- "Sara? Is it possible that our fugitive killer is a possessed doll?"
- "Horror movie 101."
- —Ray Palmer and Sara Lance
|With Rory and Ava at odds, Sara tries to come up with a way for them to get along, but all is put on hold when a new magical creature attacks the Legends. Constantine is forced to confront his tragic past but it could have devastating consequences for the rest of the team. Meanwhile, Mona has a crush on someone she works with and gets some advice from Nate.|
Preparation ran from September 5 until September 18, 2018. Shooting ran from September 14 until September 26, 2018.
- The episode's title is a reference to the musical Hello, Dolly!.
- Former Legends series regular Victor Garber (who portrays Martin Stein in the Arrowverse) departed the series prior to the mid-Season 3 finale ("") at the time he was cast in Hello, Dolly!.
- This episode marks the reappearance of Leo Snart's puppet of Professor Stein, which hasn't been seen since "".
- A Sailor Doll is seen attacking one of the Legends with a knife which is a reference to serial killer doll named Chucky.
- Sara refer to it by saying "I think we may have a Chucky situation here." when she means that the Dybbuk is in a doll. She also refers to it again later, saying "One thing I learned from the Chucky movies is the doll always comes back"
- The sailor outfit could also be a reference to Robert the Doll, a haunted doll which was also an inspiration for the Child's Play series.
- In Jewish mythology, a dybbuk is a malicious possessing spirit believed to be the dislocated soul of a dead person. It supposedly leaves the host body once it has accomplished its goal, sometimes after being helped.
- The Emmy-nominated portrayal of Marie Laveau by actress Angela Bassett that Gideon mentions is a reference to Bassett's role as Marie Laveau in American Horror Story.
- A running gag of Ray's mustache being half-removed and grown back parodies former Superman actor Henry Cavill who was sporting one for his role in Mission Impossible: Fallout while filming the Justice League re-shoots before it was digitally removed in the editing process.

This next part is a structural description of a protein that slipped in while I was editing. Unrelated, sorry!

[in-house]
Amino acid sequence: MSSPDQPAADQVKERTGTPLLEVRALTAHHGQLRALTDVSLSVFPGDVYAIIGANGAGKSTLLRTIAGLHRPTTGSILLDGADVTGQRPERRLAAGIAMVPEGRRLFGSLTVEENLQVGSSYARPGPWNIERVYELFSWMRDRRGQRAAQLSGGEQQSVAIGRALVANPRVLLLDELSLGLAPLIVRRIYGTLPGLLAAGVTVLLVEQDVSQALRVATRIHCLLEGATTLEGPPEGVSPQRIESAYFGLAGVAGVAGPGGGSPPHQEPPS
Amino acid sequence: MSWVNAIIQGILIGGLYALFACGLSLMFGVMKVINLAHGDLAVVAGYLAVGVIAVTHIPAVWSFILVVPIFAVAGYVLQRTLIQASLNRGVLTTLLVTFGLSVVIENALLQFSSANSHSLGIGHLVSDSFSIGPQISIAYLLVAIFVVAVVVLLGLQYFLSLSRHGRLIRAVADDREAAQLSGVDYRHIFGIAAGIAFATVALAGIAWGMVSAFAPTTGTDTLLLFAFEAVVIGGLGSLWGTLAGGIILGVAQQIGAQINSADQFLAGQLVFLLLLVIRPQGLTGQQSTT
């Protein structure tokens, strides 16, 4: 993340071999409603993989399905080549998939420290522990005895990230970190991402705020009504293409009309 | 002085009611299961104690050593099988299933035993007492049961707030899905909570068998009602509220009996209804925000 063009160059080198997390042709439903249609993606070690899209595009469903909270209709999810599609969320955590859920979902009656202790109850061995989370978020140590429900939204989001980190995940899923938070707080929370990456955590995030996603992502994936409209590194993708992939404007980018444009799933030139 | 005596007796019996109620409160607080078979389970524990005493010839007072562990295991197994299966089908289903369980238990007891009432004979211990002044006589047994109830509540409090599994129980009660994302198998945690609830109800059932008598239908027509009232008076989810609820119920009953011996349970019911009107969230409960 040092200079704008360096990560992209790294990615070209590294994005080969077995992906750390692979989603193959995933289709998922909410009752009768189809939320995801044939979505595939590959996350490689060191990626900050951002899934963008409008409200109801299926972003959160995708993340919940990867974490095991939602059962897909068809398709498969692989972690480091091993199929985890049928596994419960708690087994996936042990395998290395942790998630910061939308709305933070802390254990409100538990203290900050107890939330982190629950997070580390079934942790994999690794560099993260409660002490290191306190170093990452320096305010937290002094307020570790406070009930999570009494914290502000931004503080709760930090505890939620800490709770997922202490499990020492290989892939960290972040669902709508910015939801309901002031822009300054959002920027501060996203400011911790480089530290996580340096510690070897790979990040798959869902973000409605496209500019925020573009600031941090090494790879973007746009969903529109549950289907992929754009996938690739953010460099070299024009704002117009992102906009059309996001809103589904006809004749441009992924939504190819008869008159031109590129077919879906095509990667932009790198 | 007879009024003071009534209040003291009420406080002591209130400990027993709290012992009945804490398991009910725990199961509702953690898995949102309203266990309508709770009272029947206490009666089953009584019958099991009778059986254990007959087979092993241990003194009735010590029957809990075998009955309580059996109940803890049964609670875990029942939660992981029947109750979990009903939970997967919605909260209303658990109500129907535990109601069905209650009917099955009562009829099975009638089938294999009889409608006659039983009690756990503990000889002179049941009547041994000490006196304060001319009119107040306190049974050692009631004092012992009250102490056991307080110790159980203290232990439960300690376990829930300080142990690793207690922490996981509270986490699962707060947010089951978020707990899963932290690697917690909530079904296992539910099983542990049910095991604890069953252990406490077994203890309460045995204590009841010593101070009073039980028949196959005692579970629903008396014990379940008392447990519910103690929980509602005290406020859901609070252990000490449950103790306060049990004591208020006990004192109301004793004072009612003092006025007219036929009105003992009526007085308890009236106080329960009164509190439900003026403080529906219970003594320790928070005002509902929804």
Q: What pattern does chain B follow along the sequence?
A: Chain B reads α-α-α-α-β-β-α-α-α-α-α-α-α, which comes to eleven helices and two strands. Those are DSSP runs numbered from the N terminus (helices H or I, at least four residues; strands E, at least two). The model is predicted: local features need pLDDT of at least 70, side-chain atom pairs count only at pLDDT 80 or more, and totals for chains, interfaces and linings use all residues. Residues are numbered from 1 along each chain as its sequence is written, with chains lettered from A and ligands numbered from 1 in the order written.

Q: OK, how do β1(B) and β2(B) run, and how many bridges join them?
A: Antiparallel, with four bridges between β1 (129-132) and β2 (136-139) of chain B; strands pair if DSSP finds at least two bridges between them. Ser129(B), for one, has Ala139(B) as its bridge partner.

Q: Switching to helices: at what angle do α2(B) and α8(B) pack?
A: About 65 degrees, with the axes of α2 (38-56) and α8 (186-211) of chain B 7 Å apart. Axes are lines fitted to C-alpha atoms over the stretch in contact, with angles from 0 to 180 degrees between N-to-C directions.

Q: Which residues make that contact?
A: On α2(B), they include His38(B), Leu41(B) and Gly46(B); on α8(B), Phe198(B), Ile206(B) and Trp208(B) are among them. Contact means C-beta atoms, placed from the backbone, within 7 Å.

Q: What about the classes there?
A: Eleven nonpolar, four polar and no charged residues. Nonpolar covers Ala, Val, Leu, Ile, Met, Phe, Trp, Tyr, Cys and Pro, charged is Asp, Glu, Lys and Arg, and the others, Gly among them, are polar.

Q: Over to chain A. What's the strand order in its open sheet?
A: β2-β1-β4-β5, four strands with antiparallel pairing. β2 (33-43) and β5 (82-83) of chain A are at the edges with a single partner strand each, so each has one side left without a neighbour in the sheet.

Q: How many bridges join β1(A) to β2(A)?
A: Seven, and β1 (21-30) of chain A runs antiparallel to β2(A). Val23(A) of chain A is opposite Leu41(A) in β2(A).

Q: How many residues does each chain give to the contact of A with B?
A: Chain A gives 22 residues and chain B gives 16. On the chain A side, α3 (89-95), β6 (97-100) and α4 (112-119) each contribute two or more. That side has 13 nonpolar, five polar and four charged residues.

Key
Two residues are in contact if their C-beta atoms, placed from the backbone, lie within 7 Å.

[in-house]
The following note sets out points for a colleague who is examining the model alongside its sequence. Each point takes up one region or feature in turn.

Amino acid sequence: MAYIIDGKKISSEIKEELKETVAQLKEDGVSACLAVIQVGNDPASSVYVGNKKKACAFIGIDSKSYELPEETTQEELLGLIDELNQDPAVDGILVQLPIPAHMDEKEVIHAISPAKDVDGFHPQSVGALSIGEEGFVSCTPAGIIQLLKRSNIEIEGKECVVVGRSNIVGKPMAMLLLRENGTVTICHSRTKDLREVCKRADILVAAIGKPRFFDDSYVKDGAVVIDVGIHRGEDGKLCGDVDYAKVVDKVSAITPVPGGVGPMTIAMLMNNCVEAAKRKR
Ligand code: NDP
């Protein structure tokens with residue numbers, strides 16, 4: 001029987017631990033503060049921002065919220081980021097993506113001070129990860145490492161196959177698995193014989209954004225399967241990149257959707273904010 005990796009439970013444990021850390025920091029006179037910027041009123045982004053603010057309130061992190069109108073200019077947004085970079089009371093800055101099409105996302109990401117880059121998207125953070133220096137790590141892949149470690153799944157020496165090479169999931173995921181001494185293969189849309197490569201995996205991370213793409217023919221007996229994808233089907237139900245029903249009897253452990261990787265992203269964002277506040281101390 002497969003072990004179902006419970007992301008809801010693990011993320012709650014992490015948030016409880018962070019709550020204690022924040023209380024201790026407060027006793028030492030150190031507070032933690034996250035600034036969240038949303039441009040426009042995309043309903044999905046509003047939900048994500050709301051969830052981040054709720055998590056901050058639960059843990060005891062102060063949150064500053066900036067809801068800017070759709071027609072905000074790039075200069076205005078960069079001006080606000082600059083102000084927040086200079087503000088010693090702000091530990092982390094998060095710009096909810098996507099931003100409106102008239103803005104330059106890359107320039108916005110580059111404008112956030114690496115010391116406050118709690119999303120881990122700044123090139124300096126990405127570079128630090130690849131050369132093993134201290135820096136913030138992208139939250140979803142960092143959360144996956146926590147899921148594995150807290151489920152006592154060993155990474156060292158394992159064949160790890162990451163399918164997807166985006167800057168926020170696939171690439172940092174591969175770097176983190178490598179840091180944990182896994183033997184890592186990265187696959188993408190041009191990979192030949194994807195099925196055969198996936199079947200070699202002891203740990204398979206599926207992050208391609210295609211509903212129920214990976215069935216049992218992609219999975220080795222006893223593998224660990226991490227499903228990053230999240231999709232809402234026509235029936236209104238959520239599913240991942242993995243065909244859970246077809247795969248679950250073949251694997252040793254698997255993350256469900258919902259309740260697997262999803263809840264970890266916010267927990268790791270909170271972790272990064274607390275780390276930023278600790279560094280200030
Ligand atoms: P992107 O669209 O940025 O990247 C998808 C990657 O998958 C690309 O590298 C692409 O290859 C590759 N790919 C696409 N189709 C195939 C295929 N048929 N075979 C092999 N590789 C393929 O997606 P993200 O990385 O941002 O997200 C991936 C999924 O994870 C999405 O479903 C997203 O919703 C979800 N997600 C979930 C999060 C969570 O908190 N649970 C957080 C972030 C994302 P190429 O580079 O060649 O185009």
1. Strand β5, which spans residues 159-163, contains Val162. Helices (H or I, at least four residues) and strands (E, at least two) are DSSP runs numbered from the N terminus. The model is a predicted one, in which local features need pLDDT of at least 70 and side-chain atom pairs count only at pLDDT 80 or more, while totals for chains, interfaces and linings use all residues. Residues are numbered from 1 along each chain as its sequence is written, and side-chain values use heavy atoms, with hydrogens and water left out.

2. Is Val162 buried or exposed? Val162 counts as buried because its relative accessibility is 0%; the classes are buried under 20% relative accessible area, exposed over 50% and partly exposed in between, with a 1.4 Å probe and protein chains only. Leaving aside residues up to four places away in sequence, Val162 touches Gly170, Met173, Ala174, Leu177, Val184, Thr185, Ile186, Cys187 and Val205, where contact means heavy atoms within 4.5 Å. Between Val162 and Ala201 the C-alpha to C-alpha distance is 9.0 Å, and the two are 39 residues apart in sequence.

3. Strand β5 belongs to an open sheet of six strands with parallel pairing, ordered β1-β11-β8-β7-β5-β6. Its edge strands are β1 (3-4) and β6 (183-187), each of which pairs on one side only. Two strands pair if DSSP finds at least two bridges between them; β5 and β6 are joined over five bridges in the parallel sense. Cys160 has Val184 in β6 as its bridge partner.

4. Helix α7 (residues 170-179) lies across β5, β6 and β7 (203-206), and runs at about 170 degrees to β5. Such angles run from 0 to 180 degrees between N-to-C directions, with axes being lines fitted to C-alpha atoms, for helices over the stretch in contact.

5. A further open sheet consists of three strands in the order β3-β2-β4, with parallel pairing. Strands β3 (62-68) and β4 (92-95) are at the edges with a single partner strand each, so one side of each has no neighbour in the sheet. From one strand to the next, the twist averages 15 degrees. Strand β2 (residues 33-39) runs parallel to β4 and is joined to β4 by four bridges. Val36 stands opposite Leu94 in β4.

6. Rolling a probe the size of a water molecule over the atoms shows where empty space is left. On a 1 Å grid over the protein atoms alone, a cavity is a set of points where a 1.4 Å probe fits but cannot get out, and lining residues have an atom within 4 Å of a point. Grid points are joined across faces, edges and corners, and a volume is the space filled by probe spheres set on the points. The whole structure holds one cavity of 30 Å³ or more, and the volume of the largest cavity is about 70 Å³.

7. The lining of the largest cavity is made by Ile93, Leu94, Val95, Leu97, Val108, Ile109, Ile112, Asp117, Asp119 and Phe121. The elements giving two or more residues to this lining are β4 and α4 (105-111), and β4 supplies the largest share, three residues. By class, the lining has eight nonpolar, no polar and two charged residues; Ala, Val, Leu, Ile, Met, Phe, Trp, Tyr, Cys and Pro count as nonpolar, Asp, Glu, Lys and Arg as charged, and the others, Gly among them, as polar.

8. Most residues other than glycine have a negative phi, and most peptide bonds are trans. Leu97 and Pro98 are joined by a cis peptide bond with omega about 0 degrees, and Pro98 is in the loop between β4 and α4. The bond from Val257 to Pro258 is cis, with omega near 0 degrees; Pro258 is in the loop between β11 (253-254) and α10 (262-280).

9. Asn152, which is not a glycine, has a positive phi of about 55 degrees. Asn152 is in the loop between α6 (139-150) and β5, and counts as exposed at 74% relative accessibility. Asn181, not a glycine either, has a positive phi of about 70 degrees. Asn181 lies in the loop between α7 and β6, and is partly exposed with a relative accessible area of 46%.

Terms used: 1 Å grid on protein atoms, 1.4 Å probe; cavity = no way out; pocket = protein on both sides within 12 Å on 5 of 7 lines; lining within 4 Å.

- The name of the demon hounding Constantine is revealed to be Neron who first appeared in Underworld Unleashed #1 in 1995, Neron is one of the more infamous players in DC Comics' cosmology. A demon-lord who can't resist making Faustian bargains with mortals, Neron once tried to take over the universe by gathering a mass quantity of souls, which are the currency of Hell and the source of his power. Neron approached numerous super-villains then numerous superheroes, offering them their hearts' desire in exchange for their souls, all while plotting a way to acquire the purest soul on Earth - an object that would make Neron all-powerful! Though his scheme was ultimately thwarted, Neron has remained a power to be reckoned with in the DC Universe, always ready to make a deal with anyone desperate enough to seek his help and pay his price.
- Nate is not seen during the temporal explosion caused by Constantine; however, the promo for the next episode shows him as a prime victim of the new timeline.
- Before the start of the season, Mona was originally promoted as having wolf-like powers, but this might still take place because of her injury from Konane.
- Marie seems less knowledgeable about magic than John, who is always correct about how it works.
- Ava mentions that she has a hobby of reading about serial killers, and when asked about the quiz on the box of Big Easy O's cereal (Who is the most prolific serial killer in the United States?), Ava says that the correct answer is Ted Bundy, but that in her opinion, John Wayne Gacy had more victims than he confessed. In reality however, John Wayne Gacy (with 33+ victims) had more confirmed victims than Ted Bundy (who confessed to 30 killings, though his total body count is unknown).
- Furthermore, in real life, at the time that this episode first aired, Gary Ridgway (who wasn't listed as an option in the quiz, and has been convicted of 49 murders but confessed to 71 killings) was credited as the most prolific serial killer in the United States. That title went to Samuel Little, though he hasn't been convicted of all the murders he's suspected to have committed (having been convicted of 61 killings, but suspected to have murdered as many as 93 victims).
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